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    Indigenous
    (Found In Hawai'i
    and Elsewhere)
    Common Name:Aloalo (ah-low-ah-low)
    (Hibiscus)

    Bright Red Hibiscus
    Scientific:Hibiscus (various)
    Size:Up to 20 ft tall
    Flower:Various colors
    Habitat:Sea level to 1,000 ft

    The Aloalo, or Hibiscus, is a prized flower grown throughout the Hawaiian Islands. The Aloalo became the official flower of the Territory of Hawai'i in 1923 and the Yellow Pua Aloalo (Hibiscus brackenridgei) became the official flower of the State of Hawai'i on June 6, 1988.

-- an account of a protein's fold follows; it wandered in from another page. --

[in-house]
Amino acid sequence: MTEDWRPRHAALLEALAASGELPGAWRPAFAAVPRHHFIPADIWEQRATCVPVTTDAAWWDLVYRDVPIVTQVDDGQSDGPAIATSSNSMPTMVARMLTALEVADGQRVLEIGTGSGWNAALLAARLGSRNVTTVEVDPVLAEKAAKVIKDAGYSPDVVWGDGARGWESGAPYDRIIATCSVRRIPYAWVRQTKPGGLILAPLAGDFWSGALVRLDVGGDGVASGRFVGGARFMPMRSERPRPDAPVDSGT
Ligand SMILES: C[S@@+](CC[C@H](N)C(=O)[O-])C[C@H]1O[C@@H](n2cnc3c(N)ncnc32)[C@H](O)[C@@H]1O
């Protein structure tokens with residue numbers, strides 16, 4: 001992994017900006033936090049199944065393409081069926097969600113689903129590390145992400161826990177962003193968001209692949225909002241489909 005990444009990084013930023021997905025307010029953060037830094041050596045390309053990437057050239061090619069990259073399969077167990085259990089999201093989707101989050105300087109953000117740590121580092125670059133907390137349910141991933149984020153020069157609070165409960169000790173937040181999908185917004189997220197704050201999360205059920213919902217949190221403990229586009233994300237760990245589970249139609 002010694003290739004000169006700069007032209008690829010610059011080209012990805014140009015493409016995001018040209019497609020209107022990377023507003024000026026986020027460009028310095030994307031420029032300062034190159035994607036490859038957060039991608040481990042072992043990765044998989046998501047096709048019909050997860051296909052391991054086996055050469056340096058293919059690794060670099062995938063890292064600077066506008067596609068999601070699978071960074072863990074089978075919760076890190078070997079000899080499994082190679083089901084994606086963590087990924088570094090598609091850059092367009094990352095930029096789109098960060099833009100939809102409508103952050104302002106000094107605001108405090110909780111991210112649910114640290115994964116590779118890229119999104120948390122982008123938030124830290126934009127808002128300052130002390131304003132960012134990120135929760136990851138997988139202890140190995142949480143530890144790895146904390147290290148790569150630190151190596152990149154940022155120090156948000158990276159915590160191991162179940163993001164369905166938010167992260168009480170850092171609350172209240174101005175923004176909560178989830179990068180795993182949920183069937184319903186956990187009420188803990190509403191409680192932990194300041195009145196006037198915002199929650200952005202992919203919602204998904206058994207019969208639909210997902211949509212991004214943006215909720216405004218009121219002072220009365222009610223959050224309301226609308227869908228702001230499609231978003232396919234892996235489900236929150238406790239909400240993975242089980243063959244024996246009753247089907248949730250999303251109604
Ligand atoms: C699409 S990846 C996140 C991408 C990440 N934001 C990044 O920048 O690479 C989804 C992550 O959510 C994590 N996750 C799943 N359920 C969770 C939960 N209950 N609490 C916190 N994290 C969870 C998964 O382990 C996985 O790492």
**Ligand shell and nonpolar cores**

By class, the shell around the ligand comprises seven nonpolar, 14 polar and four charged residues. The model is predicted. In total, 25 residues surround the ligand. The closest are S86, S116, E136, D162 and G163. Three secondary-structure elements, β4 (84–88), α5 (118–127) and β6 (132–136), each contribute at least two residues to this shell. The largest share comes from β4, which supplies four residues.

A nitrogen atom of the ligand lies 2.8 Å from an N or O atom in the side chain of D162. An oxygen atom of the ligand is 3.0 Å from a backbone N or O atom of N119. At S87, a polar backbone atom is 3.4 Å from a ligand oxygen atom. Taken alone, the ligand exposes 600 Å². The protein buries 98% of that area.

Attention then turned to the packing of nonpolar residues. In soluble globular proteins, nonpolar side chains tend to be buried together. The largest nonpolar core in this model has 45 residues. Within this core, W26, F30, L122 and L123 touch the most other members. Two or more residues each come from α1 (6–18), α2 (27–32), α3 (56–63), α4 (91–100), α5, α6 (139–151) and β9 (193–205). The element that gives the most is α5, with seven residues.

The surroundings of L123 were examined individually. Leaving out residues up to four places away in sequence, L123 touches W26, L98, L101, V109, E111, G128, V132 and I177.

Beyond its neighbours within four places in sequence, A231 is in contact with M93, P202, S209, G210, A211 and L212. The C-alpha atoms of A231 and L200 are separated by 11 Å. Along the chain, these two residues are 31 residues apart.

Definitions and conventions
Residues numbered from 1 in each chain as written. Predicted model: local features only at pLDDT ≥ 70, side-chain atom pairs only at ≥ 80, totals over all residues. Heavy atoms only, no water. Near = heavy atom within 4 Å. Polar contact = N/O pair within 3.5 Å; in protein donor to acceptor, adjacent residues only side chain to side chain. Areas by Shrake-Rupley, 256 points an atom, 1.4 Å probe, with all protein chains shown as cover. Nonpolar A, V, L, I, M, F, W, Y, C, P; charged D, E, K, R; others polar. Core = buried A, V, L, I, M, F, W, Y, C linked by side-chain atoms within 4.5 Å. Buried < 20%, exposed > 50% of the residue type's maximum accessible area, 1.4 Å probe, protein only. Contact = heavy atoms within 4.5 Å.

Most varieties of Hibiscus seen on the islands are not native to Hawai'i, however, the White Aloalo (Hibiscus arnottianus) is native to Hawai'i (which is why we list the Hibiscus as a native plant).

    The flower of most Hibiscus are about 3 to 4 inches in size and can be in a variety of colors including yellow, white, pink, red, orange, salmon, and peach. Some varieties can have two colors in the flowers.

    You can find Hibiscus growing in people's yards and gardens all over the Big Island.


    Delicate Pink with Leaves

    Intense Fushia Colored Flower

    A Dense Red Hibiscus

    Doubled Flowered Salmon


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